Crossroads...to zero and back.
(BONUS VIDEO: Kickin' it old school with Eric Clapton)
From WKND notes, by Eric Peters of One River Asset Management, which is the most thought provoking writing I read every Sunday AM:
"...And as global asset prices continued to reset higher, the rates on the debt that supports these historic valuations reset lower. Begging the question, how will this swing of the pendulum someday reverse? Because if we've learned one thing, it's that highly-leveraged economies do not function properly when asset prices decline. And if leverage is exceptionally high, asset prices decline when interest rates rise. Which means they must not. But if rates can't rise, then any country that resets its debt stock near 0% is trapped. Like Japan. Which surprised many forecasters by not increasing QQE or cutting rates negative. Which of course, would have raised asset prices, but tightened the trap further still. Which is what the Fed seems desperate to evade. And tiptoed back toward the possibility of a December hike..."
Mitch here: Investors are at a crossroads. The Fed has tamped down the Fed Funds rate to near zero since 2008. It hasn't raised rates in almost 10 years. How much of the stock market performance since the 2009 Great Recession bottom has been driven by low interest rates? We're about to find out. But I can tell you it is a lot. To Zero and Back sounds like it could be the name of a sci-fi movie, but in reality, it describes the gradual process that the Fed will have to navigate for the first time. It's the FED's NASA equivalent of landing a man on the moon.
My own notes from August 5th:
The FED: Whether lift-off (the name given to the first official FED rate hike since 2008) happens in September, December, or early next year is not as important as is the glide path of future rate hikes. Yellen & Co. hope to move slowly enough to convince all economic participants that they'll barely notice the rate hikes while simultaneously convincing the same participants that the FED will not overshoot with rates that are too low and hence, inflationary. This is an extraordinary balancing act that is as original as it is sure to introduce uncertainty. Can the FED be both dovish and hawkish at the same time? That is the 64 Trillion Dollar question. My take is that the FED will be more dovish because of a very shallow glide path for rate hikes. The futures market indicates a very low Federal Funds rate going out two years. That certainly is dovish. If things change and we know the FED is data dependent, as I believe it should be, the futures market will adjust and will send a signal out to the rest of the yield curve (shortest term Treasury's to longest dated Treasury's), which is what the entire spectrum of asset prices and the cost of money is priced off.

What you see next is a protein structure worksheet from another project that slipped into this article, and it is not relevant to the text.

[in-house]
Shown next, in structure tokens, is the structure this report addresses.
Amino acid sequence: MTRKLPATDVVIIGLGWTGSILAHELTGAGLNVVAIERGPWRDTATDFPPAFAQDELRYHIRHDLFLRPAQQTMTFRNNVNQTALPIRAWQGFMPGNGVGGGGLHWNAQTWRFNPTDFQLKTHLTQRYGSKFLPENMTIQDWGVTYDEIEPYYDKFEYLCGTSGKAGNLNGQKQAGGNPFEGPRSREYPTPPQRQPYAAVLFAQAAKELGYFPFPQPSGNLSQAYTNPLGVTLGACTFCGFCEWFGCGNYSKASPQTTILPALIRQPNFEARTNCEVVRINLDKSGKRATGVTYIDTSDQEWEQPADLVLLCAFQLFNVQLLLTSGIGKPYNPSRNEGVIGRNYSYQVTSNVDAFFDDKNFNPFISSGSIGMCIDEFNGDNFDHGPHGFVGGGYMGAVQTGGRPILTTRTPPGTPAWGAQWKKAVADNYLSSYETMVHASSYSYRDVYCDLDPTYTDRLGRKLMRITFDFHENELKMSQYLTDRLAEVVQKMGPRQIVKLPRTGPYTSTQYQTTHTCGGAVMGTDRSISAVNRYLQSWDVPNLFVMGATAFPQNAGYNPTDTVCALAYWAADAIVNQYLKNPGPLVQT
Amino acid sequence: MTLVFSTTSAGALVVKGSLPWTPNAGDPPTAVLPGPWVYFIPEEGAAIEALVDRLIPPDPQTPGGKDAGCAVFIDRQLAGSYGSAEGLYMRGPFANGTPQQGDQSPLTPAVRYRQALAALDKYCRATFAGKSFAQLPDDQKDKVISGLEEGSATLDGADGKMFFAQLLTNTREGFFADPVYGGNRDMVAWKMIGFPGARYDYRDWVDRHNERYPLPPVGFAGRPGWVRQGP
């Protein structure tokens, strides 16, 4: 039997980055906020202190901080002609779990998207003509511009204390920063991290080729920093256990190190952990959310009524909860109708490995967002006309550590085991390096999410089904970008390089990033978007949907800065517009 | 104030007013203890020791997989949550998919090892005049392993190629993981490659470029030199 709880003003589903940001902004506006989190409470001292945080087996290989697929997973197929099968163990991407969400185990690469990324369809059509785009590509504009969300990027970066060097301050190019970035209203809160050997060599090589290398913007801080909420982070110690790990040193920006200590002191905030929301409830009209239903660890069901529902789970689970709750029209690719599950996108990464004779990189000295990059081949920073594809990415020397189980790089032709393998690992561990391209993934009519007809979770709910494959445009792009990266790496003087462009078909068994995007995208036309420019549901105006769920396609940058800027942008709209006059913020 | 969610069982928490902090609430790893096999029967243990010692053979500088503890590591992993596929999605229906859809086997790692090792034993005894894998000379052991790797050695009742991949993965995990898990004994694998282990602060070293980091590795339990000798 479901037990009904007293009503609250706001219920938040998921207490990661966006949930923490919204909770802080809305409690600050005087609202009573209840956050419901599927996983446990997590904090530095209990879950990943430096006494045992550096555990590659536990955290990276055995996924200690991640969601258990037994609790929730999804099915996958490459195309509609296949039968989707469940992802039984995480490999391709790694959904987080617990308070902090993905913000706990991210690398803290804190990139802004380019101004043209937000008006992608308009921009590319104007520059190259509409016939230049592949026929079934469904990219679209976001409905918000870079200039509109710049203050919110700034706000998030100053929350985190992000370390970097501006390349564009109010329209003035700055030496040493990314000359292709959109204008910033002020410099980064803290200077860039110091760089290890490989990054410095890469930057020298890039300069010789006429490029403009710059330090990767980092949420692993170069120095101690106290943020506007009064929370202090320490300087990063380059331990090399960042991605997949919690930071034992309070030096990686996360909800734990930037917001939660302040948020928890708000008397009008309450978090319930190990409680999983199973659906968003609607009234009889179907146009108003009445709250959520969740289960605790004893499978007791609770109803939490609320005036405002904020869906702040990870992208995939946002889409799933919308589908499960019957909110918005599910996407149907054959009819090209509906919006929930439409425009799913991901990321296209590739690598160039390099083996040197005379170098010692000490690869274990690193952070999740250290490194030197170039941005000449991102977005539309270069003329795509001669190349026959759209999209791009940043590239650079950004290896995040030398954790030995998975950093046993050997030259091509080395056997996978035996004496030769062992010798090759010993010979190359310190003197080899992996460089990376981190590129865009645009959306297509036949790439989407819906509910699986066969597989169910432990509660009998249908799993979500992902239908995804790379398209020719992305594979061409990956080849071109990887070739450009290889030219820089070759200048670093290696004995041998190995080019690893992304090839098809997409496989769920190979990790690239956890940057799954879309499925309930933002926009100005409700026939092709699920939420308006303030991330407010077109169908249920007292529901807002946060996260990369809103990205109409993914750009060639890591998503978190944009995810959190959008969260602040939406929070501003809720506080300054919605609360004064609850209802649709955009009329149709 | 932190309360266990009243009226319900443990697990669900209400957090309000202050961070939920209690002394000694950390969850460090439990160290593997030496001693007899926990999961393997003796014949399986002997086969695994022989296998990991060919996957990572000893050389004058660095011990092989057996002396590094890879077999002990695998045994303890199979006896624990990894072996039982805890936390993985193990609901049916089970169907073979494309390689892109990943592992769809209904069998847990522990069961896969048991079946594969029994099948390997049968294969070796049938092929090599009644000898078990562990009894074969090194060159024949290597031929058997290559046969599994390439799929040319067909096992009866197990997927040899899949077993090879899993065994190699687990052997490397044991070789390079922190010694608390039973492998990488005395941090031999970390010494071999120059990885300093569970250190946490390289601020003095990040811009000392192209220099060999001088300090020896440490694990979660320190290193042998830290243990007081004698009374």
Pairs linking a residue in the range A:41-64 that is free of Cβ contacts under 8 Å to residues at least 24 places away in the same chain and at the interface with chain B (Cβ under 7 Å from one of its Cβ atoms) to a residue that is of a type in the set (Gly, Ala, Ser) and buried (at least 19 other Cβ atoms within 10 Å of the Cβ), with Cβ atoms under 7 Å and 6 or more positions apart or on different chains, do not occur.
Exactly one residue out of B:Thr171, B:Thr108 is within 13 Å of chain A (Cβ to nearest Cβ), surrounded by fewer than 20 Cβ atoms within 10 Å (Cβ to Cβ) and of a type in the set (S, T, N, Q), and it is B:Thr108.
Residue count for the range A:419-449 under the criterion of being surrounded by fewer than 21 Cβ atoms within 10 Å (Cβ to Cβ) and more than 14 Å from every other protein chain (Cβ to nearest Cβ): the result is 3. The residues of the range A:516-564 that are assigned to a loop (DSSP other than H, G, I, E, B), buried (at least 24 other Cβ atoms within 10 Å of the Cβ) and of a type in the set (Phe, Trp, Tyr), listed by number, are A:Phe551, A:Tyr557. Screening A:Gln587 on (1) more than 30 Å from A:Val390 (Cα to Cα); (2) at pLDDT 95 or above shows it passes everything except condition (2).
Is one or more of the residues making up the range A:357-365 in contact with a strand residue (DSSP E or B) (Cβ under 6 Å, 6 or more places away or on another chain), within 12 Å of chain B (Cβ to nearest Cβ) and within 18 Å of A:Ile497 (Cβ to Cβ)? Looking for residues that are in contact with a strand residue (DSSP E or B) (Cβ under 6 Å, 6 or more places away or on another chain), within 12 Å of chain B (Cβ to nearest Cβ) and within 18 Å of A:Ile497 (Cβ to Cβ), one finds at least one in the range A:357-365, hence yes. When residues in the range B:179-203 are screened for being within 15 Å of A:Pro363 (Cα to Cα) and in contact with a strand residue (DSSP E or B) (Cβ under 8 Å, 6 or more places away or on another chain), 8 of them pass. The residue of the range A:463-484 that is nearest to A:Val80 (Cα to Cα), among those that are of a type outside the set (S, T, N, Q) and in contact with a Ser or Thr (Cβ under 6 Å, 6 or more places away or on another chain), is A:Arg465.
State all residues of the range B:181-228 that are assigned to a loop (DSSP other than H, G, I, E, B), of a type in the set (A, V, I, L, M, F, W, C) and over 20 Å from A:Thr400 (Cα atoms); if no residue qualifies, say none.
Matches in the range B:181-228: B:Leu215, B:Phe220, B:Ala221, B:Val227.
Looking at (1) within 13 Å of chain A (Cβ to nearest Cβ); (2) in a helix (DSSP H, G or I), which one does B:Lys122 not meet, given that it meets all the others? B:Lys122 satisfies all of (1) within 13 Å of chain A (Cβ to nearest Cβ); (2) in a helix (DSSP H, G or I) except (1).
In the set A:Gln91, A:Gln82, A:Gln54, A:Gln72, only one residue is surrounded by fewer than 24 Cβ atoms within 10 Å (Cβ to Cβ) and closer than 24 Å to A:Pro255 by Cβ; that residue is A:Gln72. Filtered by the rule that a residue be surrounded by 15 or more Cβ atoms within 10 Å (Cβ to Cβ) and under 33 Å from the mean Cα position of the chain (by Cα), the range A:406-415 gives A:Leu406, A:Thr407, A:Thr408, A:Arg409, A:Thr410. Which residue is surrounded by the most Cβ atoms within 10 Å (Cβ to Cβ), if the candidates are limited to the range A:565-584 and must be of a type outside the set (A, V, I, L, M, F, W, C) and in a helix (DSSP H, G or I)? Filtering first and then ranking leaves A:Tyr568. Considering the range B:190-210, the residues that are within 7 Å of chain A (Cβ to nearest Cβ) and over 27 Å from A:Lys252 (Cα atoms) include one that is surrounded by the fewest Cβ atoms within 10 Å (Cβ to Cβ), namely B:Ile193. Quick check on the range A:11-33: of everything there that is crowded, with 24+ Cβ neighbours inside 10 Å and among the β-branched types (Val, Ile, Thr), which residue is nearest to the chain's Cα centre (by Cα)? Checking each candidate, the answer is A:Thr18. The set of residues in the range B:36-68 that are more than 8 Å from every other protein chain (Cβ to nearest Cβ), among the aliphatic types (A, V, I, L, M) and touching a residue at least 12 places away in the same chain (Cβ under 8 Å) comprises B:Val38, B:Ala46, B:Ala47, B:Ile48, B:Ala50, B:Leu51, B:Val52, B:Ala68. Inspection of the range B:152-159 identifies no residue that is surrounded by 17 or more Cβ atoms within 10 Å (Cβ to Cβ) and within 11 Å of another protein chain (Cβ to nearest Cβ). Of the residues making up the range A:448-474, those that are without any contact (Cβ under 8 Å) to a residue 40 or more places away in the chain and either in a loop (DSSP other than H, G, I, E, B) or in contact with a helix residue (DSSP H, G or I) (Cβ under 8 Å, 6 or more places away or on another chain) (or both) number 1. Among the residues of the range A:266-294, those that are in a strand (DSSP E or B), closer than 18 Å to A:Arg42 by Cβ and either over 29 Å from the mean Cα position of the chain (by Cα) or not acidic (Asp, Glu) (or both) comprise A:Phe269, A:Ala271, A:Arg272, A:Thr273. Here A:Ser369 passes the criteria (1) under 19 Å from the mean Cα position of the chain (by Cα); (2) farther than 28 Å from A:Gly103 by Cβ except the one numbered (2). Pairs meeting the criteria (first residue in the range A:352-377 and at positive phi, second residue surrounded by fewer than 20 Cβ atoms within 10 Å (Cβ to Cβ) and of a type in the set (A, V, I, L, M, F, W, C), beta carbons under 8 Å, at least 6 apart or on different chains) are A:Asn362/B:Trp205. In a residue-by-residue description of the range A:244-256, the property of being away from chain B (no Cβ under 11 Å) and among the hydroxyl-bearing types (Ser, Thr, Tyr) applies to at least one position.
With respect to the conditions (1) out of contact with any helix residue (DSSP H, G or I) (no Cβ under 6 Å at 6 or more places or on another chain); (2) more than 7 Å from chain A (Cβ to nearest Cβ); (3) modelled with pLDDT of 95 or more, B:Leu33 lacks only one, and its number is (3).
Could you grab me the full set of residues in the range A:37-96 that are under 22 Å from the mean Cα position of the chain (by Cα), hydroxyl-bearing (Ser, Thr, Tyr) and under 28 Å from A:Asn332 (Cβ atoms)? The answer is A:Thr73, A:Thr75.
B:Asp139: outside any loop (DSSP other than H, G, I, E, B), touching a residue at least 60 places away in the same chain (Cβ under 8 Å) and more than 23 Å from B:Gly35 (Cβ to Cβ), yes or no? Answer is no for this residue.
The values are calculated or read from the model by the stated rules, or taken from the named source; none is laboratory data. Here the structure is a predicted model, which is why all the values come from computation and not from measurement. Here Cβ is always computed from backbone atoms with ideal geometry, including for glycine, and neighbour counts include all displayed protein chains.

Change is in the air. My view from August 5th hasn't changed. Everything from currency, stocks, bonds, housing, to automobile sales; it's all tied to interest rates. An old expression rings loudly in my mind - Don't fight the Fed. When the Fed eases, you buy stocks. But when the Fed tightens, you sell stocks. This Fed, though, doesn't want to pick a fight and it wants us to know that. It's the "win-win" Fed policy. Above everything you read and hear, how the Fed executes it's To Zero and Back mission is our crossroads. Let the countdown begin.
CROSSROADS: [Video] Kickin' it old school with Eric Clapton!
I opened ClientFirst Strategy, Inc. in order to offer unbiased advice and investment management expertise. To find out how I may help you improve your potential to succeed in reaching your financial goals, please call or email me.
All the views expressed in this report/commentary accurately reflect our personal views about any and all of the subject securities or issuers and no part of our compensation was, is, or will be, directly or indirectly related to the specific recommendations or views we have expressed in this report. This material is not intended as an offer or solicitation for the purchase of sale of any security or other financial instrument. Securities, financial instruments, or strategies mentioned herein may not be suitable for all investors. Any opinions expressed herein are given in good faith, are subject to change without notice, and are only correct as of the stated date of their issue. Prices, values, or income from securities or investments mentioned in this report may fall against your interests, and you may get back less than the amount you invested. The information contained in this report does not constitute advice on the tax consequences of making any particular investment decision. You should consult with your tax adviser regarding your specific situation. Diversification is a method of managing risk and doesn't protect against loss in a down market. This email is intended to reach only those in the following states: AZ, CA, CO, CT, FL, IL, IN, KS, KY,LA, MD, MT, NJ, NM, NY, PA, TX, VA, WA. If you are a resident of a state not included in this list, please reply email so I may add your state or please opt-out.